Finance Minister Grant Robertson devoted special attention to Auckland's infrastructure challenges in his speech to the Auckland Chamber of Commerce this week.
It was good to hear because, despite some progress in the past year, the city needs more focus from central government.
Robertson talked up the cost of gridlock on Auckland roads ($1.3 billion) and the lost productivity cost of an inflated and speculative housing market. Despite being a southern man he clearly understands the economic value of Auckland and sees why the city needs to be functioning efficiently for New Zealand to really fire on all cylinders.
He outlined some of the fresh approaches the new Government will be taking.
Broadly he talked about "turning on the tap of infrastructure finance". That will involve innovative funding solutions like "infrastructure bonds serviced by a targeted rate".
He outlined plans for tolls — although he studiously avoided the word. The Government would be "investigating a GPS-based network or transport pricing system".
"This will allow us to fully internalise transport costs so that roads and motorways aren't a disguised subsidy for sprawl."
That sounds like tolling to me, but that's fine. That's a continuation of work that the last Government was also committed too.
Robertson indicated the Government may move soon on legislation to enable new tolls. It has already moved to enable a regional fuel tax.
There are bold plans for rail which will enable the city to leverage the City Rail Link when it is completed
The East-West link has been canned but alternative options are being explored.
"We will be making an investment in that corridor, but not the $2b option proposed by the previous Government," Robertson said.
It is important that the change in government doesn't stall the momentum already under way. The problems facing Auckland are too pressing for a stop-start again approach.
And, despite the concerns, some things are working.
I've written before about the Waterview Connection being an example of planners getting something right — in advance of its opening. After six months or so it's fair to say it has very much lived up to billing.
Having put up with years of traffic disruption while it was being built I now find myself in what is presumably a privileged position as an Auckland commuter with nothing to complain about.
I survived the worst of the build by dodging traffic on a motorbike.
But for the sake of my own longevity I've switched back to the buses after a decade break.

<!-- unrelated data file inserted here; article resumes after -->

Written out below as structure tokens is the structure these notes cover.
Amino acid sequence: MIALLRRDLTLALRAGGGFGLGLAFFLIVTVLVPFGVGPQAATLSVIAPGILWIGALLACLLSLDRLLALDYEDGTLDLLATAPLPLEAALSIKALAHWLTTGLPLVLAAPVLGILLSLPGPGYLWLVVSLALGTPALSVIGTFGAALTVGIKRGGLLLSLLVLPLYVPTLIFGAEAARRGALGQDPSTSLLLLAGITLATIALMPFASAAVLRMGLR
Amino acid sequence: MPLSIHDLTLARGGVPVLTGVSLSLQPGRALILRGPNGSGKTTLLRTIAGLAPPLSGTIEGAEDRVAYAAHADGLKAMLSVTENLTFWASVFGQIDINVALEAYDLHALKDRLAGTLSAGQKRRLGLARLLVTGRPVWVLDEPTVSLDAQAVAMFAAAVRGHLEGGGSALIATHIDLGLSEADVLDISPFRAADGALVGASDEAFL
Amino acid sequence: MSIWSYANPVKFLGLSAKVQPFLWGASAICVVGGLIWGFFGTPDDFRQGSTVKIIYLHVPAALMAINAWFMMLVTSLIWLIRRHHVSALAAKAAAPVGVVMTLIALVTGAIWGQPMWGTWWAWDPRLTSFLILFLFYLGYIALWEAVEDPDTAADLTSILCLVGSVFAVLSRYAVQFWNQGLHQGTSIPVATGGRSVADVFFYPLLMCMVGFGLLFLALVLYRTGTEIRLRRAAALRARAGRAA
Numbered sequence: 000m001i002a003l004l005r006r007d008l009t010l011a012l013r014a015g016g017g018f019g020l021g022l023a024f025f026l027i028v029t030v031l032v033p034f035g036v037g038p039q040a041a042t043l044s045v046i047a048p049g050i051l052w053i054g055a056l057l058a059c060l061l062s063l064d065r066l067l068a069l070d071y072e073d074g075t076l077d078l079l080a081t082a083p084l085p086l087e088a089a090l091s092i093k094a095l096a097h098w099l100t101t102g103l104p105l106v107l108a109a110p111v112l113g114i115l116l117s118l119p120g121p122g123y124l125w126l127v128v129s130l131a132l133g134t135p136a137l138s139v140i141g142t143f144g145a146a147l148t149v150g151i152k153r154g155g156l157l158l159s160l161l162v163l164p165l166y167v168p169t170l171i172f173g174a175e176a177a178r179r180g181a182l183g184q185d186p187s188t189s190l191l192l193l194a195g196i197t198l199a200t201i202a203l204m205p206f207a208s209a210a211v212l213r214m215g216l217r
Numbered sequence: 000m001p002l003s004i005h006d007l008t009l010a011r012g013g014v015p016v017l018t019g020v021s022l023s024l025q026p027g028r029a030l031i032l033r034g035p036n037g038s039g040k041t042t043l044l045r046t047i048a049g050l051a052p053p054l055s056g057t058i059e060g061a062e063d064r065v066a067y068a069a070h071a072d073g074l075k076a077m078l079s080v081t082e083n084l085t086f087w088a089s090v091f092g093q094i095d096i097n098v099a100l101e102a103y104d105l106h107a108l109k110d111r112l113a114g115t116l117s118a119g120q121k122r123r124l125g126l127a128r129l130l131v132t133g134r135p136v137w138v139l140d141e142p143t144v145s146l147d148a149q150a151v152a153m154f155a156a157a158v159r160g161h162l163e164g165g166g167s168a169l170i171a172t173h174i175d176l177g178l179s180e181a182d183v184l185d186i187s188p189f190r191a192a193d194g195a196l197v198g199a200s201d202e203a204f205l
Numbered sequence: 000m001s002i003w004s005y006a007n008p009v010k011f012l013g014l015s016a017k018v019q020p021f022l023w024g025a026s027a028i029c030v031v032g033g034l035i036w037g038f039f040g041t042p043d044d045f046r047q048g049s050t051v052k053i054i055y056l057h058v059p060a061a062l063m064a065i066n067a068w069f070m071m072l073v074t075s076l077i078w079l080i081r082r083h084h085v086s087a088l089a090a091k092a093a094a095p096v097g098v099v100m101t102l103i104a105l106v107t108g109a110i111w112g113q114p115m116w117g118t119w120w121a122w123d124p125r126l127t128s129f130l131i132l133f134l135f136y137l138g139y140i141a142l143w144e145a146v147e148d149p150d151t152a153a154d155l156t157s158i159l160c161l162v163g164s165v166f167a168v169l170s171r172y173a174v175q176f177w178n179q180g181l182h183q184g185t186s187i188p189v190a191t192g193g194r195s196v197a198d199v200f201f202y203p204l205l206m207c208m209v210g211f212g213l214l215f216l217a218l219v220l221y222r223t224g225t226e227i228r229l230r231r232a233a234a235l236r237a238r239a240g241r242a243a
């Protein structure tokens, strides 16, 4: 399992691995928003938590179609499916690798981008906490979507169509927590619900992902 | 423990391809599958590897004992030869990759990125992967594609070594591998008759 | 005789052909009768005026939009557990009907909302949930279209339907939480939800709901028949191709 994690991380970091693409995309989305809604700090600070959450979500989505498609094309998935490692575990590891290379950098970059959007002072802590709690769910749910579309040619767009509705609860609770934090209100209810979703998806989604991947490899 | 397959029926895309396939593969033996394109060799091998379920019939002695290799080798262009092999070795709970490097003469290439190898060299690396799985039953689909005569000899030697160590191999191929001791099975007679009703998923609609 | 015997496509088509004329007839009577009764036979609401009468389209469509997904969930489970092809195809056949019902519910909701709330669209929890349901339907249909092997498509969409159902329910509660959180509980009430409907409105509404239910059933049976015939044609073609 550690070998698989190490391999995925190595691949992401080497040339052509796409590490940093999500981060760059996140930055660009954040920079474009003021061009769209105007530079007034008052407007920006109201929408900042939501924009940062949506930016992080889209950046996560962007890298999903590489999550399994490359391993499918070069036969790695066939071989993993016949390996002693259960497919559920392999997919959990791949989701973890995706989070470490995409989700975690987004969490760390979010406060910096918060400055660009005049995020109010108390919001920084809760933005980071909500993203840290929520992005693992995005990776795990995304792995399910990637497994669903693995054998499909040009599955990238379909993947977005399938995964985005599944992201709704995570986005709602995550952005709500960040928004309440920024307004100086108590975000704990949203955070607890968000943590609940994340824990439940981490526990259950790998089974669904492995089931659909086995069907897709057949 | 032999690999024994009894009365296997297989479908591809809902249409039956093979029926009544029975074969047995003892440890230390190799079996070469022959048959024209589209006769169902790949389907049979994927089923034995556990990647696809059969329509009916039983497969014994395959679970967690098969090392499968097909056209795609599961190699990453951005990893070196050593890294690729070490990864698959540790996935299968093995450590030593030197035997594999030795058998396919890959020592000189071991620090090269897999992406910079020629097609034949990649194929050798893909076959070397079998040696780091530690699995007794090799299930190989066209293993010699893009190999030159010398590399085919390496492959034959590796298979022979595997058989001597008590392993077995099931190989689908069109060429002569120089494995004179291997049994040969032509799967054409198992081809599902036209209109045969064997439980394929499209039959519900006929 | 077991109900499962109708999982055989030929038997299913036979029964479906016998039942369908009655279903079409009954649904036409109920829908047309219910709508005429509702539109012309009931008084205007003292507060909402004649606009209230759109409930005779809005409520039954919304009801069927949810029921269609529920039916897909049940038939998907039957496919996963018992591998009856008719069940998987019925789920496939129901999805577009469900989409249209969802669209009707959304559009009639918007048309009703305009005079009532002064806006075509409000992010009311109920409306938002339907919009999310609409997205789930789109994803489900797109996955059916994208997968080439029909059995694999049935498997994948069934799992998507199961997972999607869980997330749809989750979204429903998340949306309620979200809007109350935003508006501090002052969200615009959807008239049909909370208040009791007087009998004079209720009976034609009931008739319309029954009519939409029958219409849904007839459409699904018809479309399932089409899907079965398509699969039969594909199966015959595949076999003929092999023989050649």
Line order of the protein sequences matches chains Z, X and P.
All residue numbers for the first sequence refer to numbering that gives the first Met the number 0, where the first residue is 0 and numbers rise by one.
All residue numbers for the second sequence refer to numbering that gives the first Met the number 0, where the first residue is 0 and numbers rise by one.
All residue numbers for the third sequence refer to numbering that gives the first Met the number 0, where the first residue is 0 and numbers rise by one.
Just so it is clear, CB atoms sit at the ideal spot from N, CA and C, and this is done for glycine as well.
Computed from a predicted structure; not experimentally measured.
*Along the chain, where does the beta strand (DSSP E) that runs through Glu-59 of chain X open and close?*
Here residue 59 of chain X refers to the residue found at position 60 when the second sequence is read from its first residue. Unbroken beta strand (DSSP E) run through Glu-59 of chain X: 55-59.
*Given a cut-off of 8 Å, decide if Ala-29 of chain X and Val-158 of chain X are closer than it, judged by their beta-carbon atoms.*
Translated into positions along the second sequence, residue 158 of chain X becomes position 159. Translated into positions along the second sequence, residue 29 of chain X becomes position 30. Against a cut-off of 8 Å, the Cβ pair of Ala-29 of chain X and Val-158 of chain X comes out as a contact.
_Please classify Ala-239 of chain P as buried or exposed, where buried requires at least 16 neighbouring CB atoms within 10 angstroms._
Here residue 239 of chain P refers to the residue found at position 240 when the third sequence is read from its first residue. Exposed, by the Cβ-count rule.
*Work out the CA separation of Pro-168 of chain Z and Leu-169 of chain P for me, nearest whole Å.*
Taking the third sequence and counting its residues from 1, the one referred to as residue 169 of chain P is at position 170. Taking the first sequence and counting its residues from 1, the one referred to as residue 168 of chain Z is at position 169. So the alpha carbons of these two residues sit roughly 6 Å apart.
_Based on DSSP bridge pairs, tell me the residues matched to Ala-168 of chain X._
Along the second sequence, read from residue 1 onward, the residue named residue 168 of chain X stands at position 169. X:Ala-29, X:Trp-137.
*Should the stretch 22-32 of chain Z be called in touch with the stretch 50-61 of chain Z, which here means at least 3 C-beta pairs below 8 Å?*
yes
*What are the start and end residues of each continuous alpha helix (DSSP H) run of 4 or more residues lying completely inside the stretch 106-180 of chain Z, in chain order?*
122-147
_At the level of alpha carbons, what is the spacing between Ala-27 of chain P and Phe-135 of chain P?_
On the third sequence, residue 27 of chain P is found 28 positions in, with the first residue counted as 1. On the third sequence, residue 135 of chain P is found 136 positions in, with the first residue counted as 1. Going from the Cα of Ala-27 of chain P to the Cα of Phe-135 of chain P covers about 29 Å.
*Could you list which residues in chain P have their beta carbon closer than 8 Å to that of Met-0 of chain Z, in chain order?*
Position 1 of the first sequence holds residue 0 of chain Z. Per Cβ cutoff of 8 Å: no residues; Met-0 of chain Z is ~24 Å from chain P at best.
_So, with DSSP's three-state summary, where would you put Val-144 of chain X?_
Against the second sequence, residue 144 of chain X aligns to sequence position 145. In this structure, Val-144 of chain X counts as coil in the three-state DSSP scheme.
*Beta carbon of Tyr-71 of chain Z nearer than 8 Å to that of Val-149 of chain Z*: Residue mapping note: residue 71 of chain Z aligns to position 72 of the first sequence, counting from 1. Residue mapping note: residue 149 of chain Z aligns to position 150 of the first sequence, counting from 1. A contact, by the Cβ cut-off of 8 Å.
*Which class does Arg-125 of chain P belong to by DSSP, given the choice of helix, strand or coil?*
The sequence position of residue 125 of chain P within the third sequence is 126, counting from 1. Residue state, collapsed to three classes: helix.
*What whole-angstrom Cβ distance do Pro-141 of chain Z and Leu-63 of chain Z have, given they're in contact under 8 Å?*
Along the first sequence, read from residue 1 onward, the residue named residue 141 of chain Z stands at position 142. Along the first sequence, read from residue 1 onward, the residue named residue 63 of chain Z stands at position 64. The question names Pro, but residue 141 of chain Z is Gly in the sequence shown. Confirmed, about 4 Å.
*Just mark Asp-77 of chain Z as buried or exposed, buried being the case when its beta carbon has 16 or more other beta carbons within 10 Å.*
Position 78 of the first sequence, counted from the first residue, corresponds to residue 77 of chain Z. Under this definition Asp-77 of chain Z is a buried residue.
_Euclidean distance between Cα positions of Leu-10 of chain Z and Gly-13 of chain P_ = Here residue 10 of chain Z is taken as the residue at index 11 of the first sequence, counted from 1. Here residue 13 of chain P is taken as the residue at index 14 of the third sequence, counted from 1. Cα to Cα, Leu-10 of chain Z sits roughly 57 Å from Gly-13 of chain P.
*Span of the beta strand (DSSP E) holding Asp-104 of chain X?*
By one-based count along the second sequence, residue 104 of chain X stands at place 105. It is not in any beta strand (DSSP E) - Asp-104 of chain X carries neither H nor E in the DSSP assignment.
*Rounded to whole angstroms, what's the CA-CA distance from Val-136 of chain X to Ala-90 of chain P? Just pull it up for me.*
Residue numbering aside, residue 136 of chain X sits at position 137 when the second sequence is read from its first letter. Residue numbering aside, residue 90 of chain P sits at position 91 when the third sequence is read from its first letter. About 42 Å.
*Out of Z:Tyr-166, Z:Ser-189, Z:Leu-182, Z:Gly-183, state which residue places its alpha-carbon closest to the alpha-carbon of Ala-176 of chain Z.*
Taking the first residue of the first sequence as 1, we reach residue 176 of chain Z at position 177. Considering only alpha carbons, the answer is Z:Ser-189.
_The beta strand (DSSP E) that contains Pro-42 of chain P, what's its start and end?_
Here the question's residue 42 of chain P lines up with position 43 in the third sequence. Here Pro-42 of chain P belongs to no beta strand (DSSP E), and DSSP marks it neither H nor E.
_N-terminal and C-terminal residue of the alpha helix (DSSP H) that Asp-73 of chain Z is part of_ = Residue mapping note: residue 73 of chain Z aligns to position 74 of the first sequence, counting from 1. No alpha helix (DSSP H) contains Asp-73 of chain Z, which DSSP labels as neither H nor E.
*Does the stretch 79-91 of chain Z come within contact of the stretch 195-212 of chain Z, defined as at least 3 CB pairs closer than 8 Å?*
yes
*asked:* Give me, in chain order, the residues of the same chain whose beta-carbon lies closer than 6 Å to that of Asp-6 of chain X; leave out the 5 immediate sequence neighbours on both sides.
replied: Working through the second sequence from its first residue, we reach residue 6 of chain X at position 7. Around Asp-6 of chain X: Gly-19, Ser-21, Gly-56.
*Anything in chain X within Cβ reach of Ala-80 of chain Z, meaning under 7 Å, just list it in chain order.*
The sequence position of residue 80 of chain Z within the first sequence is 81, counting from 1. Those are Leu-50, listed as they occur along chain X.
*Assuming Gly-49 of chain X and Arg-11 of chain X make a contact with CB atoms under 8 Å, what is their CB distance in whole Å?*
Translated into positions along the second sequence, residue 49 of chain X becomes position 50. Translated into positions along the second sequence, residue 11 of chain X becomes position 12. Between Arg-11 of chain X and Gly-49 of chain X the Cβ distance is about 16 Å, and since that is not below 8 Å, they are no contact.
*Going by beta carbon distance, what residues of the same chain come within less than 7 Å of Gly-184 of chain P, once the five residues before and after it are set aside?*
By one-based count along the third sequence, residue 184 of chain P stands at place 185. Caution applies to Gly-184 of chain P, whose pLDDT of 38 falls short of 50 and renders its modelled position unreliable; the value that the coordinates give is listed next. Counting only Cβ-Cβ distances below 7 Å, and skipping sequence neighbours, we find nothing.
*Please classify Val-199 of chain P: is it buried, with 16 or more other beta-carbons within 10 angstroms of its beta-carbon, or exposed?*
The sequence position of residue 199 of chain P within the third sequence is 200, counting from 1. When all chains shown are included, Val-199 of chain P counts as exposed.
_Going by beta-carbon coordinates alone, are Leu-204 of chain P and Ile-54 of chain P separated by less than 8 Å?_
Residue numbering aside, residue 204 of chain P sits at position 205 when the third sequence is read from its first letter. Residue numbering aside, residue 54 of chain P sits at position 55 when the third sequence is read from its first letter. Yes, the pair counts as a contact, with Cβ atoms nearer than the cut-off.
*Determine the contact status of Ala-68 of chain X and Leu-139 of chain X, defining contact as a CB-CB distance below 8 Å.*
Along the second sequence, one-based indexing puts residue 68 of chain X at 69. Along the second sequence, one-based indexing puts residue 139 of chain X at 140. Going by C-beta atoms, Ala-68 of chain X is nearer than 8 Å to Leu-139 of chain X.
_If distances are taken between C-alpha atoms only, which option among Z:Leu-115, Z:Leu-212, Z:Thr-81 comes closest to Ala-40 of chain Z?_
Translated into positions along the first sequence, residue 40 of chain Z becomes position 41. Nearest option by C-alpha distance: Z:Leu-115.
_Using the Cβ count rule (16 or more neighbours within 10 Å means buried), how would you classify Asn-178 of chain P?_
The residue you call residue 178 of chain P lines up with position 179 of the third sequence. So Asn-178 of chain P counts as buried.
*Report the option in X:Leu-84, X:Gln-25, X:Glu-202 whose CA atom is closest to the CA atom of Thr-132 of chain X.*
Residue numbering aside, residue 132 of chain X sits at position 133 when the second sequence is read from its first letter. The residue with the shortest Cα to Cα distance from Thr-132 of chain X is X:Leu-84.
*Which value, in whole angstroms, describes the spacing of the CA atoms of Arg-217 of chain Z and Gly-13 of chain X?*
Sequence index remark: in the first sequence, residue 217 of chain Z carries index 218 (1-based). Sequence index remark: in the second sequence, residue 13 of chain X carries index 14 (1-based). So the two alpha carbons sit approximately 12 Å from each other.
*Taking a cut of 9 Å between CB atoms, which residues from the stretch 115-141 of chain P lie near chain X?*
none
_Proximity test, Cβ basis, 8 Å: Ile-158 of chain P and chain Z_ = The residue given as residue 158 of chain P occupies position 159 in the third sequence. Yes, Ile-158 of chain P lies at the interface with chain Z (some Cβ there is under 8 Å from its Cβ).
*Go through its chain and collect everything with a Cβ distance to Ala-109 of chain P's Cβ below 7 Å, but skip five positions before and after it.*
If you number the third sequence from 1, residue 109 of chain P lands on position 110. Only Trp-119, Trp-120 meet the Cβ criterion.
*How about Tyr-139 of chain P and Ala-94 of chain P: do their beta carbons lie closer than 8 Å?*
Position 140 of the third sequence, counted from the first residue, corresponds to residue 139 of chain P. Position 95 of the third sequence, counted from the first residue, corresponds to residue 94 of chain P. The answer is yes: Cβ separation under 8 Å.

The improvement on the Western routes has been staggering. The biggest improvement in travel time has been achieved by removing the wait at the bus stop.
Buses arrive every six minutes during peak times. In most cases they are new double deckers, uncrowded, with air-conditioning and fantastic views.
I also have the option of getting on my bicycle. I'm lazy but it is good for me and the Western cycleway really makes it hard to find excuses. The cycle path is almost door to door from home to work. It is a pleasure to ride.
Both the buses and the cycleway are also likely to get better in the next year.
New bus stops that keep buses out of the flow of traffic are being added along Great North Rd.
The cycle way is being upgraded, to avoid one of the steepest hills up and over Newton Gully.
So I'm good. I have access to world class transport options.
The point of this positivity is not to imply that Auckland's gridlock is not a problem.
I know I am lucky to live on a major transport route.
I recently tried to head south for a weekend away on a Friday afternoon. My frustration during the two-hour crawl out of the city was tempered only by my sympathy for those around me who clearly faced this kind of commute on a regular basis.
But it is worth acknowledging that there has been good progress made in the past few years — and some of us are seeing it.
Critics of the National Government — including many within the business community — felt investment in Auckland infrastructure was too slow and too conservative.
The same sentiment surrounds National's housing policy. But, likewise, there has been progress.
There is a wave of residential building under way and Auckland's housing affordability has actually started to improve. It is vital that momentum is maintained.
Shifts in policy direction may alter the path to a better city. But there is no time to stop and start again.
The new Government has different priorities and different values about how things should be achieved. We know we can expect more focus on rail.
With any luck we'll see new solutions to the lingering problems that don't undermine existing work.
Listening to Robertson talk about Auckland, it is clear that the long-term goals for building remain much the same. We need more affordable housing, built around transport hubs. And we need to carry residents along on the journey.
When Auckland get it right — which it does more often than it gets credit for — it's a truly world class city.